The effects found in the present study were larger than those found for iSMI in previous trials using other interventions. These trials yielded mixed results, ranging from non-significant for a web-based psychoeducational intervention in the general working population (21), small-to-moderate for a smartphone-based acceptance and commitment intervention for middle managers (55), to moderate effect sizes for a viable mind-body stress reduction intervention (56). Moreover, our results are comparable to post-treatment results found for face-to-face occupational stress management interventions in the latest meta-analysis on this topic (d=0.73 for stress-reduction, d=0.68 for anxiety, d=0.44 for mental health such as depression) (4), but are slightly lower for stress reduction than mean results for CBT-based interventions in this meta-analysis (d=1.15, for stress-reduction, d=0.71 for mental health such as depression), although the 95% CI for the effect sizes in the present study overlap with those of effects found in that meta-analysis. Comparing long-term effects of the present intervention to meta-analytic findings for face-to-face interventions is not possible as the most recent meta-analysis on this topic was not able to examine those due to a lack of sufficient number of studies assessing a long-term follow up (>6 months). Thus, the present study provides further evidence that CBT-based interventions can have enduring effects that go beyond immediate short-term effects, and can also prevent further aggravation of symptoms. Remarkably, the effect sizes for most outcomes were similar to those found in the pilot-evaluation study of the novel intervention (23). Thus, the present study replicated the results of this study in a large-scale randomized controlled trial. Moreover, whilst in the pilot evaluation the intervention was delivered with substantial human support from a psychologist (approximately four hours per participant), the present study found also clinically meaningful effects without providing regular written feedback on each session. Instead of providing detailed feedback on the weekly exercises the participants had completed, the e-coach only monitored the adherence to the intervention and provided feedback on the content only on request of the participants. Surprisingly, few participants demanded content feedback (across all 132 participants, only 8 content feedbacks were provided which corresponds to an average of 0.06 feedbacks per participant). The maximum time spent per participant was approximately one hour, and most of the resources spent for coaching were necessary to monitor the adherence to the intervention. With regard to the cost-effectiveness of the intervention this finding is promising. Although four hours of coaching per participant (23) is already much less than an individual face-to-face CBT intervention, even more employees could get access to interventions for the same costs if meaningful results can be also achieved in a less intensive guidance format. The large effects found in the present study are in line with the assumption that the responsible factor for the higher effect sizes which are frequently found for guided versus unguided self-help interventions (15, 57, 58) is attributable to the adherence-promoting factor of human support. This has also been stated previously in the supportive accountability model of human support in IBI (35). However, RCT that compare adherence-focused guidance format with regular content feedbacks are needed to support such an assumption and to determine whether or not adherence-focused guidance formats can result in equivalent outcomes as more intensive content-focused guidance formats. However, even if a less intensive guidance format should yield lower effects in direct comparisons, their potential on a population level might still be higher as such interventions have a greater reach and more participants can be treated for the same costs (28, 59). On the other hand, it may very well be the case that employees are less willing to participate in an intervention if no regular content feedback is provided, which would result in lower overall effects in the target population (60, 61). Thus, future studies should compare the acceptability, effectiveness and cost-effectiveness of different guidance formats for iSMI (19, 62).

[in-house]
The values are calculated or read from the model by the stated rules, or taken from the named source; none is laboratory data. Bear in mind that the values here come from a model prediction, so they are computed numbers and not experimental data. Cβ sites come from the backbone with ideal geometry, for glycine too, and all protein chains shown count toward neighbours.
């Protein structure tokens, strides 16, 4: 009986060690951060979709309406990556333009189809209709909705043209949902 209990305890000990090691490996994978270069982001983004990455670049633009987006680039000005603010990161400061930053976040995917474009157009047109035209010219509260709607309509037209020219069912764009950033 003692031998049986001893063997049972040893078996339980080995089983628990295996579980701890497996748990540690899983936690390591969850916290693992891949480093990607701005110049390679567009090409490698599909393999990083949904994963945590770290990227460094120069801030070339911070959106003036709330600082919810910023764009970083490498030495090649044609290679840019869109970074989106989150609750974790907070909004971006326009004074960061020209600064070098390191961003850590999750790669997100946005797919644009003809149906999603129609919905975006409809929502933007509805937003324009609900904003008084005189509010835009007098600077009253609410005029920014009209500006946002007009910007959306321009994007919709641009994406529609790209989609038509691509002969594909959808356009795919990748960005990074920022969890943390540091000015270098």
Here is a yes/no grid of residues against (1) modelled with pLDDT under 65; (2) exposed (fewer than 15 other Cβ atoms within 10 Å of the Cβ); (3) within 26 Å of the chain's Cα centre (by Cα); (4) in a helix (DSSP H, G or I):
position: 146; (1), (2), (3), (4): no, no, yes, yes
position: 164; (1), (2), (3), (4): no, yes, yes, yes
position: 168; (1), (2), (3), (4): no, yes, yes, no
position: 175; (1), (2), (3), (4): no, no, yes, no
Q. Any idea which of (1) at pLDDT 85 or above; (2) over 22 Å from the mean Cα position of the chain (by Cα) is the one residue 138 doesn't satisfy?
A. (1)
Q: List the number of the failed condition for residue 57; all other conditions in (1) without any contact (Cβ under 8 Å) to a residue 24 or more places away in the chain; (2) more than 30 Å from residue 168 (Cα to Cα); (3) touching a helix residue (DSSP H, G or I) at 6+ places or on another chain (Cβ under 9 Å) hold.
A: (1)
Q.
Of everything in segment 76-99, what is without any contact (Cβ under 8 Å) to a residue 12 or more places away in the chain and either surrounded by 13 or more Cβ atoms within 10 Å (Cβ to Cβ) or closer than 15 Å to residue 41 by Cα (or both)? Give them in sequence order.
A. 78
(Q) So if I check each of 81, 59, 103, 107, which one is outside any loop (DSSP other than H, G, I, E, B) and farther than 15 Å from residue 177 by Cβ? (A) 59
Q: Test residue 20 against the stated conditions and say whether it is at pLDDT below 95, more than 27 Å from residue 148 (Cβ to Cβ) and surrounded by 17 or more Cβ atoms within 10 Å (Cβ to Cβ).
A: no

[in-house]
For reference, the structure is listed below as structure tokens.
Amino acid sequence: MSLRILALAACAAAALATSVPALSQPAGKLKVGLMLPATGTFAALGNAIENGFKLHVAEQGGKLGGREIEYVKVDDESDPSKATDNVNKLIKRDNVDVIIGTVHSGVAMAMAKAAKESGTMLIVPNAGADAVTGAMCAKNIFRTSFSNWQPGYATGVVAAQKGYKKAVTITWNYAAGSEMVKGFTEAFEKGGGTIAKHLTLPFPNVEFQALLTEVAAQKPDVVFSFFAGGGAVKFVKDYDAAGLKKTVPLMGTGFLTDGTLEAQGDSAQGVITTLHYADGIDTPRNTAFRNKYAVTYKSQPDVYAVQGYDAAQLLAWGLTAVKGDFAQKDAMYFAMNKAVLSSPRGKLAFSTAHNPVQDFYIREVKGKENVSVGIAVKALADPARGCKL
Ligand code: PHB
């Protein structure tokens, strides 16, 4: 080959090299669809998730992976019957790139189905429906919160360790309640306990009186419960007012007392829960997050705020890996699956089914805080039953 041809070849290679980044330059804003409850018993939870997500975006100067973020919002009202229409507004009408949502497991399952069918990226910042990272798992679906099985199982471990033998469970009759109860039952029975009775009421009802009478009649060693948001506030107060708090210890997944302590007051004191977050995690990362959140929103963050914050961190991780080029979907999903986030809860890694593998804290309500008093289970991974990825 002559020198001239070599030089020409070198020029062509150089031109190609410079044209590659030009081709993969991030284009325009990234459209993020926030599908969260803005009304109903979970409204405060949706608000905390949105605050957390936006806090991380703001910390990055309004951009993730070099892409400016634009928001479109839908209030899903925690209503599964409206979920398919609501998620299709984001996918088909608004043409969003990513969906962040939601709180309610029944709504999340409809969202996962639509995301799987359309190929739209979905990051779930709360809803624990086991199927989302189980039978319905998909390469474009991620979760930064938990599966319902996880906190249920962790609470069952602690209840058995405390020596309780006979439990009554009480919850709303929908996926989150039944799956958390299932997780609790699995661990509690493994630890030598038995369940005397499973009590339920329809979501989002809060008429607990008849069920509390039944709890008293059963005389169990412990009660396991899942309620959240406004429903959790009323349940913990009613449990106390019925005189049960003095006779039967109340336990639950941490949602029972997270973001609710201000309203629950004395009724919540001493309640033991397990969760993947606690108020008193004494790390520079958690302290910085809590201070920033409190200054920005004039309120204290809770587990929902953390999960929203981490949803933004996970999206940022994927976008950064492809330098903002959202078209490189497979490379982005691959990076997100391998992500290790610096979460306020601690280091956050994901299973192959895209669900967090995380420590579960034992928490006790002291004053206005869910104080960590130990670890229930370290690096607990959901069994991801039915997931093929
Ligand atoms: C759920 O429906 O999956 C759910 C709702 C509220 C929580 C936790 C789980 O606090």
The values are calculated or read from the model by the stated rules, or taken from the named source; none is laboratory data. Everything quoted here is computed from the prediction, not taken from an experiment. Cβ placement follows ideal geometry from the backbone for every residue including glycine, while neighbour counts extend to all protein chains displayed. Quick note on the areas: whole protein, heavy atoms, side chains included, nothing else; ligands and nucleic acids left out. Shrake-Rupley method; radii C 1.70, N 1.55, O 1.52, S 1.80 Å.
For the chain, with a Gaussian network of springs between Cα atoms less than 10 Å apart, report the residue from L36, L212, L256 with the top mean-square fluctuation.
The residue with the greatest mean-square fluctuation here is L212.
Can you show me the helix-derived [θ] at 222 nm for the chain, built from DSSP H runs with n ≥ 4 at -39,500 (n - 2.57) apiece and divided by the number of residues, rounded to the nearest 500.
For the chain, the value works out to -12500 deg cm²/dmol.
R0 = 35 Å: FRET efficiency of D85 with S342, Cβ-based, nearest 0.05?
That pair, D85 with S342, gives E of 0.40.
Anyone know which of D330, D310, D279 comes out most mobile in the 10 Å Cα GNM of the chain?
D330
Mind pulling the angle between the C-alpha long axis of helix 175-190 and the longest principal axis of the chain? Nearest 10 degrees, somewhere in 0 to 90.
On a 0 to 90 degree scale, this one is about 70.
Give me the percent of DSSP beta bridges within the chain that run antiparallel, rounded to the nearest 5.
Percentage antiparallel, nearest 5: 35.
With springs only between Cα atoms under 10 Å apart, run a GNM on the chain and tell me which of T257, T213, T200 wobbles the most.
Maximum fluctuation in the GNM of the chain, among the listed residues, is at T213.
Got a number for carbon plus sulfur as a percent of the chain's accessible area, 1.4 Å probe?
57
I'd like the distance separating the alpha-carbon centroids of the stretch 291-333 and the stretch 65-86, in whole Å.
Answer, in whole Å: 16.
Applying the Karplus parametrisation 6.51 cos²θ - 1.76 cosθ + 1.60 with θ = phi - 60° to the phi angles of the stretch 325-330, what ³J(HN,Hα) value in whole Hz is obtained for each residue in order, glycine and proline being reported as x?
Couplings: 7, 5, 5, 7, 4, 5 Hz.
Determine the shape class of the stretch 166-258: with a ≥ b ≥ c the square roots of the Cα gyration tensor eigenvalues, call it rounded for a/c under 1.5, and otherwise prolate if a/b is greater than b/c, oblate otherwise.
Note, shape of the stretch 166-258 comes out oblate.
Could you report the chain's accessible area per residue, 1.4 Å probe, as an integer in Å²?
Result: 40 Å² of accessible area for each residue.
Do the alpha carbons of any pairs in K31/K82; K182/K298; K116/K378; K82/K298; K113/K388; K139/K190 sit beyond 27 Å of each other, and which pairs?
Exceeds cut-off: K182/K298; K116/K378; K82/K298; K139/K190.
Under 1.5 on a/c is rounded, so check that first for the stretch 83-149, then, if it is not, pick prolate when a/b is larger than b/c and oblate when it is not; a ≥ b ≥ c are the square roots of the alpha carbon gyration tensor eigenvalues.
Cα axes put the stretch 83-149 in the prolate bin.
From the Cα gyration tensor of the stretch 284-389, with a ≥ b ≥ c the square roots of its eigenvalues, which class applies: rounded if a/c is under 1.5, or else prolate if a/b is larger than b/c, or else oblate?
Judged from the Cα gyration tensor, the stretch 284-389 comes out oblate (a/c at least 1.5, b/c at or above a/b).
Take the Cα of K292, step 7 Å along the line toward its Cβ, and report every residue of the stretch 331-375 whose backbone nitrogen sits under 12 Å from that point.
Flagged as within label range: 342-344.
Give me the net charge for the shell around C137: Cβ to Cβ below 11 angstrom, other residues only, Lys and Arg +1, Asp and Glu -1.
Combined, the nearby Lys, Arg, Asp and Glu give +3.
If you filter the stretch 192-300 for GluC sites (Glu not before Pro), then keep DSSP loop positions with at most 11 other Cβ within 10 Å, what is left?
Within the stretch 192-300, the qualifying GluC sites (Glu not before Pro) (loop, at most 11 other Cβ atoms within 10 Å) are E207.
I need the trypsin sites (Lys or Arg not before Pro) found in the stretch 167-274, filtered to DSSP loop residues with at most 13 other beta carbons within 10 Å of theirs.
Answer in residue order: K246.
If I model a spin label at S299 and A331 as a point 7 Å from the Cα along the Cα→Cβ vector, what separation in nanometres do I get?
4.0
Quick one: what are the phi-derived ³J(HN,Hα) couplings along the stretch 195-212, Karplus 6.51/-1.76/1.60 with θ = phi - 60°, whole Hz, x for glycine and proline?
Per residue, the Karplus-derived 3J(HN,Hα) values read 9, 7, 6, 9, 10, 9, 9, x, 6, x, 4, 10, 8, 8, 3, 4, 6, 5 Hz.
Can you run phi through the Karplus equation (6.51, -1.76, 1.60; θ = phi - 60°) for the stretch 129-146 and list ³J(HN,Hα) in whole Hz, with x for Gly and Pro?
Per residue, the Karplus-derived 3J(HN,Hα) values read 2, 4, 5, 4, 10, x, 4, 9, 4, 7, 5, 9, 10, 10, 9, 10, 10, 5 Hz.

Relevant work-related health outcomes, such as emotional exhaustion and psychological detachment from work, improved significantly. However, no significant effects were found for the number of days of absenteeism and presenteeism, respectively. These findings suggest that even a substantial improvement in mental health does not automatically lead to a reduction in absenteeism and presenteeism. This finding is in line with findings for face-to-face CBT interventions for occupational stress (63). Adding optional modules on coping with sick leave or working whilst being sick might be beneficial, especially for participants seeking help in these matters.